# C++ Object management/deletion

I am working on a game with a lot of bullets, currently every second it loops through a vector of bullet objects and checks if its marked for erasure or not.

if (timer2>=120){

auto it = Bulletlist.begin();
while (it != Bulletlist.end())
{
if ((it->del)) {
it = Bulletlist.erase(it);
}
else {
++it;
}
}
timer2=0;
}else{
timer2++;
}


This works fine for around 0-200 bullets, however when I try to scale it larger the delay becomes very noticeable. I am still very new to C++, And was curious if there is a better way of doing this. The bullet class automatically marks itself for deletion when it goes out of bounds.

    int update(){
if (acceleration!=0){
if (speed < acceleration){
speed+=increment;
}
}
x=(speed*cos(angle)) + x;
y=(speed*sin(angle)) + y;

if (x<0) del=true;
if (x>1000) del=true;
if (y<0) del=true;
if (y>750) del=true;
circ.setPosition(x,y);
window.draw(circ);
};


Edit: Bullets are generated right now on a loop within a enemy class

void shoot(int which){
Bullet B1;
B1.setsprite();
currentangle+=(6.2832/bnum)+0.05;
B1.setvars(x,y,currentangle*which,1.f,2.f,0.01f);
Bulletlist.push_back(B1);
}
void update(){
movtimer+=0.01f;
//x += sin(movtimer);
//std::cout<<x;
//printf("\n");
sprite.setPosition(x,y);
if (timer>=10){
for (int i=0; i<bnum; ++i) {
shoot(1);
}
timer=0;
}else{
timer++;
}
window.draw(sprite);
for (std::vector<Bullet>::iterator it = Bulletlist.begin() ; it !=    Bulletlist.end(); ++it){
it->update();
}
$$$$

• You might want to add how you generate your bullets too. You would not need to delete your bullets. – Vaillancourt Sep 20 '19 at 17:31
• @AlexandreVaillancourt Added how they are generated. – Sam Boman Sep 20 '19 at 17:38
• eeek! Change your vector for a std::list! That's not the solution to your issue, but that's a quick fix. – Vaillancourt Sep 20 '19 at 17:42
• If performance is an issue, you might wanna use a design method called object pooling. What you do is that you, at the start-up of the game/level/scene, fill a container with a fixed number of objects (bullets in this case). When a bullet is supposed to be shot in the game, the code retrieves a bullet from the container, marks it as used, moves it across the screen, renders it and whenever it should be destroyed, stop rendering it and finally mark it as free so the code knows it's ok to pick that bullet from the container later. Destroy the objects at game shutdown. – Daniel_1985 Sep 20 '19 at 19:57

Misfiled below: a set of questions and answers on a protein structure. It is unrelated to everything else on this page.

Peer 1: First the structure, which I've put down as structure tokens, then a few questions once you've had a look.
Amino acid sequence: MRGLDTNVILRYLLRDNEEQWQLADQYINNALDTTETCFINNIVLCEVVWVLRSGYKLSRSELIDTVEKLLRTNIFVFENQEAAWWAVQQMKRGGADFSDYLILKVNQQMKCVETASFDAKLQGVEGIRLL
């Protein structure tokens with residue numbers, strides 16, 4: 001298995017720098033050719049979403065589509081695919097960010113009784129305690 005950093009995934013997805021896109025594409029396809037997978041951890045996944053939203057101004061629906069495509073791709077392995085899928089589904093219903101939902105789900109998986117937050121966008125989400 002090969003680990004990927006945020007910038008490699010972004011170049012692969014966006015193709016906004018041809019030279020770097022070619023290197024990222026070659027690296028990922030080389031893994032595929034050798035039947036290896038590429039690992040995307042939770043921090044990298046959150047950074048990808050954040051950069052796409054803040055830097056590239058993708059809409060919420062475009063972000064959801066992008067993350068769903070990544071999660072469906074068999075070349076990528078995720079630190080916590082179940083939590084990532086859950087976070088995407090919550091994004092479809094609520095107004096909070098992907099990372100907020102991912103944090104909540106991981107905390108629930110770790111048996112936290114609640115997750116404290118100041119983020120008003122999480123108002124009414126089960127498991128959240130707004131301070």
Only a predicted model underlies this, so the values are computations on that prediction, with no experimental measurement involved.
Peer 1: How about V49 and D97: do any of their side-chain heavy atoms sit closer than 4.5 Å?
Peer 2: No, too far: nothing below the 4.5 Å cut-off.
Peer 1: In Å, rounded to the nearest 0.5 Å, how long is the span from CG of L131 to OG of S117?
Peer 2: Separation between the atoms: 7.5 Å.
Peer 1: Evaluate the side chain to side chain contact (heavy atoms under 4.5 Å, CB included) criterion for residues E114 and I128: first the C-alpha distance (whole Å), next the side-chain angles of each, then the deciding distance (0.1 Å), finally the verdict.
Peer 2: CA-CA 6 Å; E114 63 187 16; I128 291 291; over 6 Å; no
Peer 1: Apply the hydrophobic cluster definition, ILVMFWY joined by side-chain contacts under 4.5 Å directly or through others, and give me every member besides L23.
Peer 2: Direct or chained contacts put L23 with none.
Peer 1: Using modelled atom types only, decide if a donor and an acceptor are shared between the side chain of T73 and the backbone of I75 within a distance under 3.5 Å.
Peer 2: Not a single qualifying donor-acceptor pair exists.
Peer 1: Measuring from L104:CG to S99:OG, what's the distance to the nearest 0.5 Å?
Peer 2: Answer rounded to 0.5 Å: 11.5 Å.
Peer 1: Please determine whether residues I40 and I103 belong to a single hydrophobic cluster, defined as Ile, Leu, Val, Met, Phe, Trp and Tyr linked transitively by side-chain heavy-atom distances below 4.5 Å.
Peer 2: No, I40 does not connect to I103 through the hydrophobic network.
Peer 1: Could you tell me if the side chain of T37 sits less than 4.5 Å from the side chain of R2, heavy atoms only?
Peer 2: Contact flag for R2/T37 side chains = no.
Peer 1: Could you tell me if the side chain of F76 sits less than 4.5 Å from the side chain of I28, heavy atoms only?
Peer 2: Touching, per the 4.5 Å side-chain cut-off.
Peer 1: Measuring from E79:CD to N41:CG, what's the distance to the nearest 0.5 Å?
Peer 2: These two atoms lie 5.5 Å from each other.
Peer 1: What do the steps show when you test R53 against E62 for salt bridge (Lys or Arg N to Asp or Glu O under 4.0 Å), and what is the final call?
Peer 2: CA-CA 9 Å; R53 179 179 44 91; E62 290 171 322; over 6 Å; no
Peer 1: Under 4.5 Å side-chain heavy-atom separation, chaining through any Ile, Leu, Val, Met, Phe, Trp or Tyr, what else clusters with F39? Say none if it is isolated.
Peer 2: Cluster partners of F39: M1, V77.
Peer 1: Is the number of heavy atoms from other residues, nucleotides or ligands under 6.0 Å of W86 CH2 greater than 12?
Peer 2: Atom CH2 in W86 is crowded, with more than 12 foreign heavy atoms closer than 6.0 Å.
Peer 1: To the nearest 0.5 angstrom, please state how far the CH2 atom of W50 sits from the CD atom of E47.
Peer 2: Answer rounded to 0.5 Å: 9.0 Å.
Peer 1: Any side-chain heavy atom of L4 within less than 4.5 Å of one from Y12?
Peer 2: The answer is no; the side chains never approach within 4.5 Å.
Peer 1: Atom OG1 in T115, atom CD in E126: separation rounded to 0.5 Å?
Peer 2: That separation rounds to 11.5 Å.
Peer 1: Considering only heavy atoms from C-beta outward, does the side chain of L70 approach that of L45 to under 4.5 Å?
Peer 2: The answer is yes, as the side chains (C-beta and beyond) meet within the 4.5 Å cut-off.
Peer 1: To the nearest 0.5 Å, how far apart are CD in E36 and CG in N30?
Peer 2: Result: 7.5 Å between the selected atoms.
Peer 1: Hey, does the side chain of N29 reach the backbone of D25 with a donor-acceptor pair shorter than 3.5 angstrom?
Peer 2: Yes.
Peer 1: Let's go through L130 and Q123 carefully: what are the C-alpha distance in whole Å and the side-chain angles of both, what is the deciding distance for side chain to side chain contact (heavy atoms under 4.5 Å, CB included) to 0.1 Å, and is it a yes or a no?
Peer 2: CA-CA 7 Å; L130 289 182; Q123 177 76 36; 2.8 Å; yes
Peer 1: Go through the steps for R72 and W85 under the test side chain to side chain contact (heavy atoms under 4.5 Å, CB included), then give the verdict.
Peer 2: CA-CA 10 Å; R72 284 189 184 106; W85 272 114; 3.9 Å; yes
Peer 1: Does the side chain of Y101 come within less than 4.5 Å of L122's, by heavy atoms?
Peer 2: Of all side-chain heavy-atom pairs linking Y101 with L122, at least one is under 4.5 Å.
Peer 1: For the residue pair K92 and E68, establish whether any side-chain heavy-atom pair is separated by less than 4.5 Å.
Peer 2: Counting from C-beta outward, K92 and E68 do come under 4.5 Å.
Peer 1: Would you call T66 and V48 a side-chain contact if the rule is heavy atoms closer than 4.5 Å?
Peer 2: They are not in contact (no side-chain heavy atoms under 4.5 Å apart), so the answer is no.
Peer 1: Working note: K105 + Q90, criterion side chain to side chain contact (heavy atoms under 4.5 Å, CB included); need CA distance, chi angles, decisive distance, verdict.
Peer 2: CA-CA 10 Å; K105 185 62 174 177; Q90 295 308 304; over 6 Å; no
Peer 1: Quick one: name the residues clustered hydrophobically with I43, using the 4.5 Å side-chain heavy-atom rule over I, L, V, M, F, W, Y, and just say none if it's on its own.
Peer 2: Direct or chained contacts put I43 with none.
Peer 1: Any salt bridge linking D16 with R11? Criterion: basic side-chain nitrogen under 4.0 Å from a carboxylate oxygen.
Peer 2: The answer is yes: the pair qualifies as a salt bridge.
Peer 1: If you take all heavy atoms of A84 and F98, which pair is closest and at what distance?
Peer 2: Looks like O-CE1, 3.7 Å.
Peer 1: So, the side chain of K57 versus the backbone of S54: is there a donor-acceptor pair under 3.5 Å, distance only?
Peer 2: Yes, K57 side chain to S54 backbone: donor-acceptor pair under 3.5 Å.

• @Daniel_1985 This looks a bit like what I hinted! You might want to turn that into an actual answer so that people can vote :) – Vaillancourt Sep 20 '19 at 23:15

You're using a std::vector<Bullet>. This has the advantage of keeping data contiguous in memory, so iterating over it is fast (it has something to do with cache efficiency vs cache misses).

The way you're using it is slow.

auto it = Bulletlist.begin();
while (it != Bulletlist.end())
{
if ((it->del)) {
it = Bulletlist.erase(it);
}
else {
++it;
}
}


When you erase an item, it has to make sure that the order is preserved, and that the data is still contiguous in memory. To do so, it will move (or copy) all the items that come after the erased one so that it "fills the hole" left. This is very long.

There are a couple of "cheap" alternatives:

• Use a std::list instead of a std::vector. The list will preserve the order, but does not have the constraint of keeping the items contiguous in memory (at the cost of a little speed).
• Use a smart pointer such as std::unique_ptr to store your objects. You'll also lose a bit of speed during the iteration because the code will jump all over in memory too, but your removal of the bullets will be much faster because copying/moving a smaller object is faster.

More complex alternative involve to copy (or move, if your Bullet is move-able) a bullet from the end of your vector to the "slot" where the to-be-deleted Bullet is.

It goes a bit like this (pseudo-code):

int index = 0
while index < vectorSize
if vector[index] is to be deleted
vector[index] = vector.lastElement
vector.popLastElement
else
index ++


You could also evaluate the cost of having dead bullets in your collection: if it's not that high, keep them there, then when you need to add a new one, instead of creating one, resurrect one that is dead (and keep an index to it to go from there when you'll be seeking a new bullet spot). That's a bit like object pooling. I haven't tried that personally.